Ms Gita Gopinath, the Economic Counsellor and Director of the Research Department at the IMF.

The highly transmissible Covid-19 Delta variant as well as woes bedeviling global supply chain are threatening to hold back economic recovery across the world, the latest report from the International Monetary Fund (IMF) warns.

Whereas the overall growth is projected to hit 5.9 per cent this year, huge fault lines threaten to further widen the gap between the rich and poor countries post Covid.

The scenario is exacerbated by the ongoing unequal access to lifesaving vaccines to millions of poor populations, further aggravating the current economic disparities.

The IMF report reveals that an estimated 96 per cent of populations in the poor countries remain unvaccinated even as those nations grapple with hunger, rising poverty and runaway debt.

At the moment, about 60 per cent of the population in advanced economies are fully vaccinated and some are now receiving booster shots.

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Further, poor countries are faced with rising number of jobless people, especially the women, a reality that is backpedaling the gains made in empowering women in recent years.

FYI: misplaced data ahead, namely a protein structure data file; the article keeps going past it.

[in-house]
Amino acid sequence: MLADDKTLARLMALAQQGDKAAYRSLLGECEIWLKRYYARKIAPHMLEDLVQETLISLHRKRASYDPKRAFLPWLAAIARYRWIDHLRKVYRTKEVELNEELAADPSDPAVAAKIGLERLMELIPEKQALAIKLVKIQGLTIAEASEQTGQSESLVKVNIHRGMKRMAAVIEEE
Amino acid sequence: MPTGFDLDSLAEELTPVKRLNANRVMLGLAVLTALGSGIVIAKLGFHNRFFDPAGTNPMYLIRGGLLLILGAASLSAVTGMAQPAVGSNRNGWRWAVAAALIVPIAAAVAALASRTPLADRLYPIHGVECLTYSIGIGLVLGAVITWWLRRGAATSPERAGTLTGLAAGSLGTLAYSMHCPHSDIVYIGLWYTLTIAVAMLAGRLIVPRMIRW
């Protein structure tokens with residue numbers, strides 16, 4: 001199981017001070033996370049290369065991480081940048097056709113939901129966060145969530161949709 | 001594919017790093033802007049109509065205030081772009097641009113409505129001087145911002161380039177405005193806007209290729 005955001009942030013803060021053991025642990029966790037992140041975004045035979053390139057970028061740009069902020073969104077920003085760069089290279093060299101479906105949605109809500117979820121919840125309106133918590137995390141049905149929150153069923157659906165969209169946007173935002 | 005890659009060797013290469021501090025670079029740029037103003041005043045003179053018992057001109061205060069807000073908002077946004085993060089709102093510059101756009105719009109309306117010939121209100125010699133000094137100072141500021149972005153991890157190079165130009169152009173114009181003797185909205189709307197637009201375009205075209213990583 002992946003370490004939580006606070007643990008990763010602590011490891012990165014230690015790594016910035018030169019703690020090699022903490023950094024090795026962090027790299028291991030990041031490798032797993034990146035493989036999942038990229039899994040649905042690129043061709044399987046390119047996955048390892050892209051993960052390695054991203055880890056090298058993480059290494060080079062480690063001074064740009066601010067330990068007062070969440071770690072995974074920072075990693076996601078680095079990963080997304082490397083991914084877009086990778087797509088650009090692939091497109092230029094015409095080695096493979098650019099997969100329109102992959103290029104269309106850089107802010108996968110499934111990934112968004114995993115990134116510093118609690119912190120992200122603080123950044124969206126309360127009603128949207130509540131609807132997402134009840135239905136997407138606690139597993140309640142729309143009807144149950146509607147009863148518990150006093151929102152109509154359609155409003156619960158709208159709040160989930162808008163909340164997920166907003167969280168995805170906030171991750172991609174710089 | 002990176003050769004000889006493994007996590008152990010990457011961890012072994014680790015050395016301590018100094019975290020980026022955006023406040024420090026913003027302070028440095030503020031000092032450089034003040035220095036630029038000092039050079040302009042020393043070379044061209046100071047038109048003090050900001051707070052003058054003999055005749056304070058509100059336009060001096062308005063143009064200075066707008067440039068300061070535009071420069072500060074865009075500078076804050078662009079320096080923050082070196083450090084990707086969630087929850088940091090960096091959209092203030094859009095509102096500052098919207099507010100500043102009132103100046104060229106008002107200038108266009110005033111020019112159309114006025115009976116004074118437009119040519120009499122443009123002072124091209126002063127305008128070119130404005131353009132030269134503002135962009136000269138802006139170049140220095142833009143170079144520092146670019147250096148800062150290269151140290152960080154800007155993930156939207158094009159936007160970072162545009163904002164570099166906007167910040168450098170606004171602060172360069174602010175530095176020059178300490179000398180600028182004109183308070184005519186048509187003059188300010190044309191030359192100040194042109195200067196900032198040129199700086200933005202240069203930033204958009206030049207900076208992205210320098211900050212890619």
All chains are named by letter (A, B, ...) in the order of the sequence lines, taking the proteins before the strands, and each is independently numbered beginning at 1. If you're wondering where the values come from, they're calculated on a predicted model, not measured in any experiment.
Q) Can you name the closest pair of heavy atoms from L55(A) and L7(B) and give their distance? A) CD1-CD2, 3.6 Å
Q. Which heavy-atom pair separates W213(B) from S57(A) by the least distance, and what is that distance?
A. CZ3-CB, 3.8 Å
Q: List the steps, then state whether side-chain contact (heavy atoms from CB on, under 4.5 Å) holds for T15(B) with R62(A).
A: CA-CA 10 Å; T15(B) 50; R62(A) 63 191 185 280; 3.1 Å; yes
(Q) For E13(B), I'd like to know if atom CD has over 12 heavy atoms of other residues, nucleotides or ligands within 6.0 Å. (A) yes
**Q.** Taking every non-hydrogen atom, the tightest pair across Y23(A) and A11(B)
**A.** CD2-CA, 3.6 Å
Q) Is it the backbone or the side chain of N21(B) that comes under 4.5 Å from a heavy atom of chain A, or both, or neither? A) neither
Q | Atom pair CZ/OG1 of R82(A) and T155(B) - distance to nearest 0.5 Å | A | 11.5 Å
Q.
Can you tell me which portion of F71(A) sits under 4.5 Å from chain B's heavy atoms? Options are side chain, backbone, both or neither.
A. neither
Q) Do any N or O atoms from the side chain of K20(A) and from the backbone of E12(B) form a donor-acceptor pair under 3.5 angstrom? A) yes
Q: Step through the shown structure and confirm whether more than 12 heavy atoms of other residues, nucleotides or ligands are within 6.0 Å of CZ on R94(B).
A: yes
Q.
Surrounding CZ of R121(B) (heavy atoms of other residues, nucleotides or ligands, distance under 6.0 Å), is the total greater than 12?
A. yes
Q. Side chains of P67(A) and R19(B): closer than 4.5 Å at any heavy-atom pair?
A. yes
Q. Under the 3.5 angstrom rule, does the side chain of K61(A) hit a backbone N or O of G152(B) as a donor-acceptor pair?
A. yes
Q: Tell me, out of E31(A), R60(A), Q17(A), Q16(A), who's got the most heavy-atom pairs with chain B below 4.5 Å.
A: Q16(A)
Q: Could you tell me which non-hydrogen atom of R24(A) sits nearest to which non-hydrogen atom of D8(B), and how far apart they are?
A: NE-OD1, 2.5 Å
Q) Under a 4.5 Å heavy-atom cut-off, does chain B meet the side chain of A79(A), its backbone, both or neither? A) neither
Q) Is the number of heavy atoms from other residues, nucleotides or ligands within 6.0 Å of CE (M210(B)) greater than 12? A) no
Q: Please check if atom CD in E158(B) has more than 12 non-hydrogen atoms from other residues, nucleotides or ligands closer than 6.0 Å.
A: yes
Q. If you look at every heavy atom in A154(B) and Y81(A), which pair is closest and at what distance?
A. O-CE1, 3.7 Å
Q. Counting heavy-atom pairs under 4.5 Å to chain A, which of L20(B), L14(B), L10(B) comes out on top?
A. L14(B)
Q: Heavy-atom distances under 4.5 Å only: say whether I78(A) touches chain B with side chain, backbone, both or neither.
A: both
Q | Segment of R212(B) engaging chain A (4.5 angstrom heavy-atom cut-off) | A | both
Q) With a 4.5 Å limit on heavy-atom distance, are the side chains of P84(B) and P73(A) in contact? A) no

Food prices have increased the most in low‑income countries where food insecurity is most acute, adding to the burdens of poorer households, and raising the risk of social unrest.

Across the developed world such as Europe and the US, challenges such as lack of workers, supply chain bottlenecks threaten to slow economic recovery, IMF notes.

“Pandemic outbreaks and climate disruptions have resulted in shortages of key inputs and lowered manufacturing activity in several countries,” said Ms Gita Gopinath, the Economic Counsellor and Director of the Research Department at the IMF.

Fears of rising inflation—even if likely to be temporary—are on the rise, as prices surge for food, medicine and fuel, as well as automobiles.

To help counter the sluggish growth, the IMF has called on vaccine manufacturers in the developed world to support the expansion of regional production of COVID‑19 vaccines in developing countries through financing and technology transfers.

Another urgent global priority is the need to slow the rise in global temperatures and contain ongoing adverse effects of climate change, a move that will require ambitious commitments to reduce greenhouse gas emissions at the upcoming United Nations Climate Change Conference.

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